Extremism Begetting Extremists

On Sunday, May 3, 2015, two extremist Islamic sympathizers from Phoenix, Arizona tried to enter an exhibit of Mohammad caricatures in Garland, Texas sponsored by the American Freedom Defense Initiative.  The group, led by anti-Muslin extremist Pamela Geller, believes that “Islam” is trying to take over America. It seems that in America, one good extremist deserves another!

Aside from the free speech issues and respect for others’ religious beliefs, my astonishment stems from the audacity of the Islamic jihadis to attack a group of potentially and likely armed Texas citizens. After all, according to some gun advocates, isn’t a well-armed citizenry supposed to deter these attempts at mass murder?

I cannot count how many times I have heard this refrain. After the Aurora, Colorado theater mass shooting and the mass murder at Virginia Tech and the Sandy Hook Elementary School slaughter, countless arguments by the NRA and its partisans dominate the media. If only the professors and teachers and theater attendants had side arms, “bad guys” would not dare carry out their nefarious plans.

I do not believe that I am misrepresenting the argument. I am used to misrepresentation in the gun debate. Incessant calls from extremist gun owners constantly try to associate common sense gun control measures with an absolutist position of eliminating all gun ownership. Most gun control advocates do not want to ban all guns or even very many. That would be a losing battle. But that does not stop the shrill screams from gun extremists trying to smear any practical measure to limit gun use. Lumping together common sense gun control measures with the desire of a few to ban gun ownership serves a very useful rhetorical purpose. It makes all gun control supporters seem like extremists.

The greatest affront to common sense emanating from the gun advocate side is the arming of large numbers of citizens in any context to deter mass murderers. As any military man would tell you, the element of surprise can level the odds in any violent engagement. Regardless of well-armed “good guys,” an extremist bent on mayhem can kill a lot of people.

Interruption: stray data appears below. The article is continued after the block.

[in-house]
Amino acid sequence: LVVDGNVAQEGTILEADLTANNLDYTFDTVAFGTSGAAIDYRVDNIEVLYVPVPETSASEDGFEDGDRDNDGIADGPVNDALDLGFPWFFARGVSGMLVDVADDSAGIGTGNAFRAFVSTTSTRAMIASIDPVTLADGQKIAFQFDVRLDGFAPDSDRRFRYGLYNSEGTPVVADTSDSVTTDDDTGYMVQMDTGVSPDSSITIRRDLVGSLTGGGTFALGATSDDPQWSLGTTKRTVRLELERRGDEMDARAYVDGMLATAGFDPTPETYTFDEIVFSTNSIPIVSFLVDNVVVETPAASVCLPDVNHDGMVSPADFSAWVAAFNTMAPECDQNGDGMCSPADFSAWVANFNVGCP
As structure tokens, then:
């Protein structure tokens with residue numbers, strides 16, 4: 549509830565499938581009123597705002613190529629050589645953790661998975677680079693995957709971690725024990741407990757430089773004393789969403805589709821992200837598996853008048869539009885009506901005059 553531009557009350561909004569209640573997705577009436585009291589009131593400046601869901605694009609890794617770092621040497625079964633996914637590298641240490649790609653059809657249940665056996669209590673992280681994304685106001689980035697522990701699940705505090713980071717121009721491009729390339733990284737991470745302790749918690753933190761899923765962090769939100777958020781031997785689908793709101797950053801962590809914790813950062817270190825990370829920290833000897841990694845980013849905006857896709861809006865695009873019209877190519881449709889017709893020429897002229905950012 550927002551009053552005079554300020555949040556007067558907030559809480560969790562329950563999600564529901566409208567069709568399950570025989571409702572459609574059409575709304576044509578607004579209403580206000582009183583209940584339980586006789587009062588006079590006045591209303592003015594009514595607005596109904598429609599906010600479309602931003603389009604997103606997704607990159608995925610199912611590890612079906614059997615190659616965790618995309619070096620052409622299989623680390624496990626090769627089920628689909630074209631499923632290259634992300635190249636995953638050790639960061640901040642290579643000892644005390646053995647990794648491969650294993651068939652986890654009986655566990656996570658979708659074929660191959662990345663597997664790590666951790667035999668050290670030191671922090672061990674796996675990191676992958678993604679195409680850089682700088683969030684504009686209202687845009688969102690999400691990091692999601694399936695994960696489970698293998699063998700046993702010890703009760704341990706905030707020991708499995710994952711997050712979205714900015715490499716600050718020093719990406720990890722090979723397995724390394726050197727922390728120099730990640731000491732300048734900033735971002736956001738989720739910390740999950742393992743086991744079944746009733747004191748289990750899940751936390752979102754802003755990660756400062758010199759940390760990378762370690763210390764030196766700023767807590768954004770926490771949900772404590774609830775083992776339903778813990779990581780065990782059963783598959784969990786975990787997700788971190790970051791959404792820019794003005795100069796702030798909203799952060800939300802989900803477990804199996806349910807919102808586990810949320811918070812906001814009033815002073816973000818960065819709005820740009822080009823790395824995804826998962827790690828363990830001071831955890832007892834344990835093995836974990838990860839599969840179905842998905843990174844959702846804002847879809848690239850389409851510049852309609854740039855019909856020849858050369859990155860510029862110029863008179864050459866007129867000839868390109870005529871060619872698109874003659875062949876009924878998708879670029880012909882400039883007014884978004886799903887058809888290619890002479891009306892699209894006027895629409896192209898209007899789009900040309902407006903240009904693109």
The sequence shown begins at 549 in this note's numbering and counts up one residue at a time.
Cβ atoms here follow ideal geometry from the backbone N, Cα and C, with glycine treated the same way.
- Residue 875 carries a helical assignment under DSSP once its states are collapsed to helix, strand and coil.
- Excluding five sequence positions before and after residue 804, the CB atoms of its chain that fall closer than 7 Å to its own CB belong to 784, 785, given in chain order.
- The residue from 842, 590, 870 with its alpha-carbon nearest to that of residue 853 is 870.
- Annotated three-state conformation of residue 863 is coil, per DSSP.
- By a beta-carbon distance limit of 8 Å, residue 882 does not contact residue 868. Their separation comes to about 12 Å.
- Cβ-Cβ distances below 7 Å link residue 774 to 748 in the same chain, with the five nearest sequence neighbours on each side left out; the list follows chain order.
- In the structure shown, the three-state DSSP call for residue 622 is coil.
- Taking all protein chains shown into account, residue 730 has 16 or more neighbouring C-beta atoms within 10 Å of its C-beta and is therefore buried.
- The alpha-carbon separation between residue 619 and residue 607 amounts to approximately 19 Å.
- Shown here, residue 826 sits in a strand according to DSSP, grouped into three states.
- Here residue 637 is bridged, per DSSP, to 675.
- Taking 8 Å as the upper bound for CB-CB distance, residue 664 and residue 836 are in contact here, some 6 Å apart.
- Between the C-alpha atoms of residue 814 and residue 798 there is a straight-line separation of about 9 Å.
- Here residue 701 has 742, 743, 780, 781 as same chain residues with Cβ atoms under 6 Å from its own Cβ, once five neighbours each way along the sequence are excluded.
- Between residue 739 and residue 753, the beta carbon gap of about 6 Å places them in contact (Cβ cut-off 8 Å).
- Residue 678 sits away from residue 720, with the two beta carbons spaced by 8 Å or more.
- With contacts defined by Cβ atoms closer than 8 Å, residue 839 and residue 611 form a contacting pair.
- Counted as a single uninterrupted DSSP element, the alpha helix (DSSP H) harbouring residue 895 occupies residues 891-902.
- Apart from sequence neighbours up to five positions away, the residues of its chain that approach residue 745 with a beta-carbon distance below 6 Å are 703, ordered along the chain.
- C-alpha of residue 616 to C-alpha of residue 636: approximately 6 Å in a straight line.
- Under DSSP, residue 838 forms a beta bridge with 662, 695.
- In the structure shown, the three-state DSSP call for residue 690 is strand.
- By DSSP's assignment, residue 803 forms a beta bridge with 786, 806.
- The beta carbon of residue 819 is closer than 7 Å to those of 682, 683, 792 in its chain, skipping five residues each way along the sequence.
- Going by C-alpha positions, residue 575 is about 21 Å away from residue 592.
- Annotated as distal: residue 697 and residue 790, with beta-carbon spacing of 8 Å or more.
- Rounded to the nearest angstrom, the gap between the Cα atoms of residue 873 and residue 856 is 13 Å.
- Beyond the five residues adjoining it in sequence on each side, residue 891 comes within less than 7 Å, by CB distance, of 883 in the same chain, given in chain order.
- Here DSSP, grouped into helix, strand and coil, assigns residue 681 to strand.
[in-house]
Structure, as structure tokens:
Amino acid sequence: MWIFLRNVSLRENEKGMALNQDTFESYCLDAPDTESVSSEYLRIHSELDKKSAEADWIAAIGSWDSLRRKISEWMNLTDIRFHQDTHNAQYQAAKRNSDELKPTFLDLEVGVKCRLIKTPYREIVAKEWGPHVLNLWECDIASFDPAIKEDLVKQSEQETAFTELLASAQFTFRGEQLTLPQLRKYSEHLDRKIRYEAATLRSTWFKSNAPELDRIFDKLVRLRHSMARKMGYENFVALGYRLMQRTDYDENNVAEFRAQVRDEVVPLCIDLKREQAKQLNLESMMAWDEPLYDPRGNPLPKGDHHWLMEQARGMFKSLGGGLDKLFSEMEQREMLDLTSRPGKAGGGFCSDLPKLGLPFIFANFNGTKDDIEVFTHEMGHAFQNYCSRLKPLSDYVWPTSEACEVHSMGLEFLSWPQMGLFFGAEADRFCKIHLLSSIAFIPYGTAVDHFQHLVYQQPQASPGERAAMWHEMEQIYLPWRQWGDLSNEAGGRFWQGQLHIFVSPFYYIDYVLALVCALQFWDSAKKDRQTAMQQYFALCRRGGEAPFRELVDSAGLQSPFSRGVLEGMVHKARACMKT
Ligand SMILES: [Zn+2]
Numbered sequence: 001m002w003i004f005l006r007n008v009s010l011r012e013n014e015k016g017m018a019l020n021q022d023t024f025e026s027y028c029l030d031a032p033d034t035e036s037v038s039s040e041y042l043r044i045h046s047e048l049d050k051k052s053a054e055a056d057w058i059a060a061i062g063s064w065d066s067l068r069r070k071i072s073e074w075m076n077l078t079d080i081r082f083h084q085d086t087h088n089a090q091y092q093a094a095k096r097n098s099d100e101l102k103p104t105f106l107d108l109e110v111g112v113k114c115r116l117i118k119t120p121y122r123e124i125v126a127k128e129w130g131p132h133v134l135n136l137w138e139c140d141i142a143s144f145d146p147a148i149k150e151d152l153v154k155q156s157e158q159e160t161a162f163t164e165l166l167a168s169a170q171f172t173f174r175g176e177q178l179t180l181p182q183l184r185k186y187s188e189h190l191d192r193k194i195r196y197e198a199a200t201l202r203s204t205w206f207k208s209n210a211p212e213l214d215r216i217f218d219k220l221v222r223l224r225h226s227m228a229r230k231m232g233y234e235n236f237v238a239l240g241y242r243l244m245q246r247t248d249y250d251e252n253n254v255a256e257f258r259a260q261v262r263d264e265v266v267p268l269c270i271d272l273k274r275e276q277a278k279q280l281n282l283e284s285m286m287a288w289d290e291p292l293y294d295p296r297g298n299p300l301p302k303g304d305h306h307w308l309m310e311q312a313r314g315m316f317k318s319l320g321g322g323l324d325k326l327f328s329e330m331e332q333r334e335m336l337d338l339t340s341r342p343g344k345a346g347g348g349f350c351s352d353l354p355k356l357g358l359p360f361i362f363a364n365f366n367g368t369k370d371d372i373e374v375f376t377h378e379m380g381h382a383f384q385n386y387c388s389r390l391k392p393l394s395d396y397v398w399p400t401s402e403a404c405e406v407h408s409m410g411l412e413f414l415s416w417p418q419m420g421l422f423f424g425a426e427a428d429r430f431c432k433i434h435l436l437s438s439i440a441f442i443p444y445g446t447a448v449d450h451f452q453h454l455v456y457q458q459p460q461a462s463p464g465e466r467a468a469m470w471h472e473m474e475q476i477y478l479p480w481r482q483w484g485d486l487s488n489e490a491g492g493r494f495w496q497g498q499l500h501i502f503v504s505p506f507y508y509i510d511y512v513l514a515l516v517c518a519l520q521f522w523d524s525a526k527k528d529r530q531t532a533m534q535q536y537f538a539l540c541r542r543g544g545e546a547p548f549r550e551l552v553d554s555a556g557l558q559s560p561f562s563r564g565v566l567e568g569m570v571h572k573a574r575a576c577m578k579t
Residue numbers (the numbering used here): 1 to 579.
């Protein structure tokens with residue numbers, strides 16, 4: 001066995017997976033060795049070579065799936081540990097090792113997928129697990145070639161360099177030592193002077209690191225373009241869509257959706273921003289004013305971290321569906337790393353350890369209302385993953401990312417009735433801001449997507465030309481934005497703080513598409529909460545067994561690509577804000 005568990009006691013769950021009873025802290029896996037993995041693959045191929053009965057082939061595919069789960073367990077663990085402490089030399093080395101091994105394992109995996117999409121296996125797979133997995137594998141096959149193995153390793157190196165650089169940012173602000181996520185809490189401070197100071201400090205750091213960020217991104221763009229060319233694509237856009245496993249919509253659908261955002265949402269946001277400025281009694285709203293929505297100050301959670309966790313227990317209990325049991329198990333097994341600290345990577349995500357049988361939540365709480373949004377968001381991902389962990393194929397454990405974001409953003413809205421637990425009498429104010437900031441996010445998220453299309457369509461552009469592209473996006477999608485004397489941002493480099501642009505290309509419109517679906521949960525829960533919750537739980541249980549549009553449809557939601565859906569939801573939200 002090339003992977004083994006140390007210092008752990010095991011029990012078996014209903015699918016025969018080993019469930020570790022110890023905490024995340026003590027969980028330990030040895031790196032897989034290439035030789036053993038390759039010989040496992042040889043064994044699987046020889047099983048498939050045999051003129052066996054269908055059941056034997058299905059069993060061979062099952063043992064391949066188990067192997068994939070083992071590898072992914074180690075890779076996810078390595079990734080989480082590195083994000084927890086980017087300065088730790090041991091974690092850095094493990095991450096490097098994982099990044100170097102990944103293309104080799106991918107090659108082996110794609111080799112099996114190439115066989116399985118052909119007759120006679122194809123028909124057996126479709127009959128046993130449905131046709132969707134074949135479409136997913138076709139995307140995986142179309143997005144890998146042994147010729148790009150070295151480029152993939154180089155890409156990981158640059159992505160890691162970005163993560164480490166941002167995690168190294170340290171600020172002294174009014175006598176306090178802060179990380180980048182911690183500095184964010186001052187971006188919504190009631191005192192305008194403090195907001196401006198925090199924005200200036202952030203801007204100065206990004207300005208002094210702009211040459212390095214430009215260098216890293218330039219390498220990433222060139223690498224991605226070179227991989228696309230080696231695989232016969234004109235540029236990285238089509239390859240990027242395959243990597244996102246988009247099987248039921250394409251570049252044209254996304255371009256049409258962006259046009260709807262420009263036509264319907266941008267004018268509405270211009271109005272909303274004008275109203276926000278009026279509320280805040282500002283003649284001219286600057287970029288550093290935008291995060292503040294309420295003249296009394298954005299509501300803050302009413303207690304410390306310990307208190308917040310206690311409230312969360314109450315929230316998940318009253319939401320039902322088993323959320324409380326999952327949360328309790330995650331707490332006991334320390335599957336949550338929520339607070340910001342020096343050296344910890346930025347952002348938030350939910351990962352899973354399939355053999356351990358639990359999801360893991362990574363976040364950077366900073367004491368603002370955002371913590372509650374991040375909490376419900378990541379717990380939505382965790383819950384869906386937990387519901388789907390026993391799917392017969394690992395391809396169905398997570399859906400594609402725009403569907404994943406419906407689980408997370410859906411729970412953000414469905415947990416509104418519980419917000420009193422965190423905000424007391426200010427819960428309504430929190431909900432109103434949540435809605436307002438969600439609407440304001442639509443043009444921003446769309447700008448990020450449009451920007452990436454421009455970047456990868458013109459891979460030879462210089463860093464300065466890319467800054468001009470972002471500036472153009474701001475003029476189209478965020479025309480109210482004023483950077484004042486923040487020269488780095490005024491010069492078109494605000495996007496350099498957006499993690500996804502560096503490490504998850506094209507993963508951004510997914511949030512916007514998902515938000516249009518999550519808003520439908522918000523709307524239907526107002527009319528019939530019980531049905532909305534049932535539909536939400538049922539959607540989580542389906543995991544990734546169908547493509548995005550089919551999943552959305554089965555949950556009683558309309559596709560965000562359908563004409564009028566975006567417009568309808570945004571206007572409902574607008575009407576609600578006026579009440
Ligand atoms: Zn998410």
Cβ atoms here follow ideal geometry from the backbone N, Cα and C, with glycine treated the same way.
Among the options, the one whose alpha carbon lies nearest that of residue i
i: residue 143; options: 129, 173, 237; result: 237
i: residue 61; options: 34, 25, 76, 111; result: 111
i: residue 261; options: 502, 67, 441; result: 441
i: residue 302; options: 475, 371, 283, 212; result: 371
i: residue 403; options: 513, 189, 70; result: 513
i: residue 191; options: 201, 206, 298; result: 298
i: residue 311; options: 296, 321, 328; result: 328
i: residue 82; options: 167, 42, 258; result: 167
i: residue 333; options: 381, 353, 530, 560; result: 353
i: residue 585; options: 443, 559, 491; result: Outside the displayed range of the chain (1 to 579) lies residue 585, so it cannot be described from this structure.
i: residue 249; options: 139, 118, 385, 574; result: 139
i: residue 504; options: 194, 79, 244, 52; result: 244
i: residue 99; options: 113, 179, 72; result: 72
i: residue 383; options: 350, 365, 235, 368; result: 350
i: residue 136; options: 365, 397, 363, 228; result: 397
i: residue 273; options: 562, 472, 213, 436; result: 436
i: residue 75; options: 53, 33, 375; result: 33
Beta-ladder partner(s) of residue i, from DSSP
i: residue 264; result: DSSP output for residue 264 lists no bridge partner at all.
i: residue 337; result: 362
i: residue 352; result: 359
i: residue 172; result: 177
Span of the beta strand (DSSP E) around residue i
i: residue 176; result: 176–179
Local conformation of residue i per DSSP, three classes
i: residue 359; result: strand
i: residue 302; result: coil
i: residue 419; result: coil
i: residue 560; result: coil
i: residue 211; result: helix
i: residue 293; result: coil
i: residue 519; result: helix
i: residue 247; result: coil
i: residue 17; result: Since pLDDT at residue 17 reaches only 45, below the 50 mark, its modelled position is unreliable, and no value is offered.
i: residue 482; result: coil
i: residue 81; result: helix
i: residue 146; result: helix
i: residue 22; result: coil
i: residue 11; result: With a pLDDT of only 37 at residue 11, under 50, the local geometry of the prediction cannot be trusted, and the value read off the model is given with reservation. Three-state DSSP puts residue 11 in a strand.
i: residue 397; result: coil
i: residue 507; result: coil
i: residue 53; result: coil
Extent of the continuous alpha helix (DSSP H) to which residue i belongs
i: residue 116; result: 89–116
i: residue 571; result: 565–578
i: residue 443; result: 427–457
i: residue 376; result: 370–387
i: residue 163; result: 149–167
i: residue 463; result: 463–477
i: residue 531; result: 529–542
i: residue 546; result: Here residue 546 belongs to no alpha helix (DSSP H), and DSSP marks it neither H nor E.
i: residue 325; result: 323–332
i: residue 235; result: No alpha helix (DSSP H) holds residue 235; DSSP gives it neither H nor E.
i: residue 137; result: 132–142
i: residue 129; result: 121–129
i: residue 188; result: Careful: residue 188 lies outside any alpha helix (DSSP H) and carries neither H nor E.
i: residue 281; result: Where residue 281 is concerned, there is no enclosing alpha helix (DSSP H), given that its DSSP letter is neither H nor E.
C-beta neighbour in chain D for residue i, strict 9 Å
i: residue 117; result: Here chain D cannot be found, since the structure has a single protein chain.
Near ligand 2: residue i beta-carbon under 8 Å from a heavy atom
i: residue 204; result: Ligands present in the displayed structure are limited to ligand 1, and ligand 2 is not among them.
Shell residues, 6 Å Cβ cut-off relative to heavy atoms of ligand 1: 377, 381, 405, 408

To take an extreme example (since we are on the subject of extremists), some extreme gun advocates want to be able to carry weapons onto aircraft. Using the argument of the extremists, if everyone on an aircraft had a gun, all of the passengers would be safer.  No airport detectors and screeners required. Now that would do wonders for airplane security and the comfort level of the passengers!  I admit I have chosen an extreme example; see, wasn’t that easy.

Leaving extremism aside, the element of surprise can be a decisive factor in any violent engagement, military or otherwise. That is why the Texas confrontation between the extremists came as no surprise. Fanatics obsessed with destruction will overpower superior firepower when initiating the confrontation without the knowledge of armed defenders. It is ironic that the American Freedom Defense Initiative hired Texas law enforcement personnel to guard the event and that it was the law enforcement personnel that stopped the intruders.  The potentially well-armed civilians inside did not deter the jihadis. And I am sure that this example will not deter extremist gun advocate and their arguments. People usually believe what they what to believe, regardless of evidence to the contrary.

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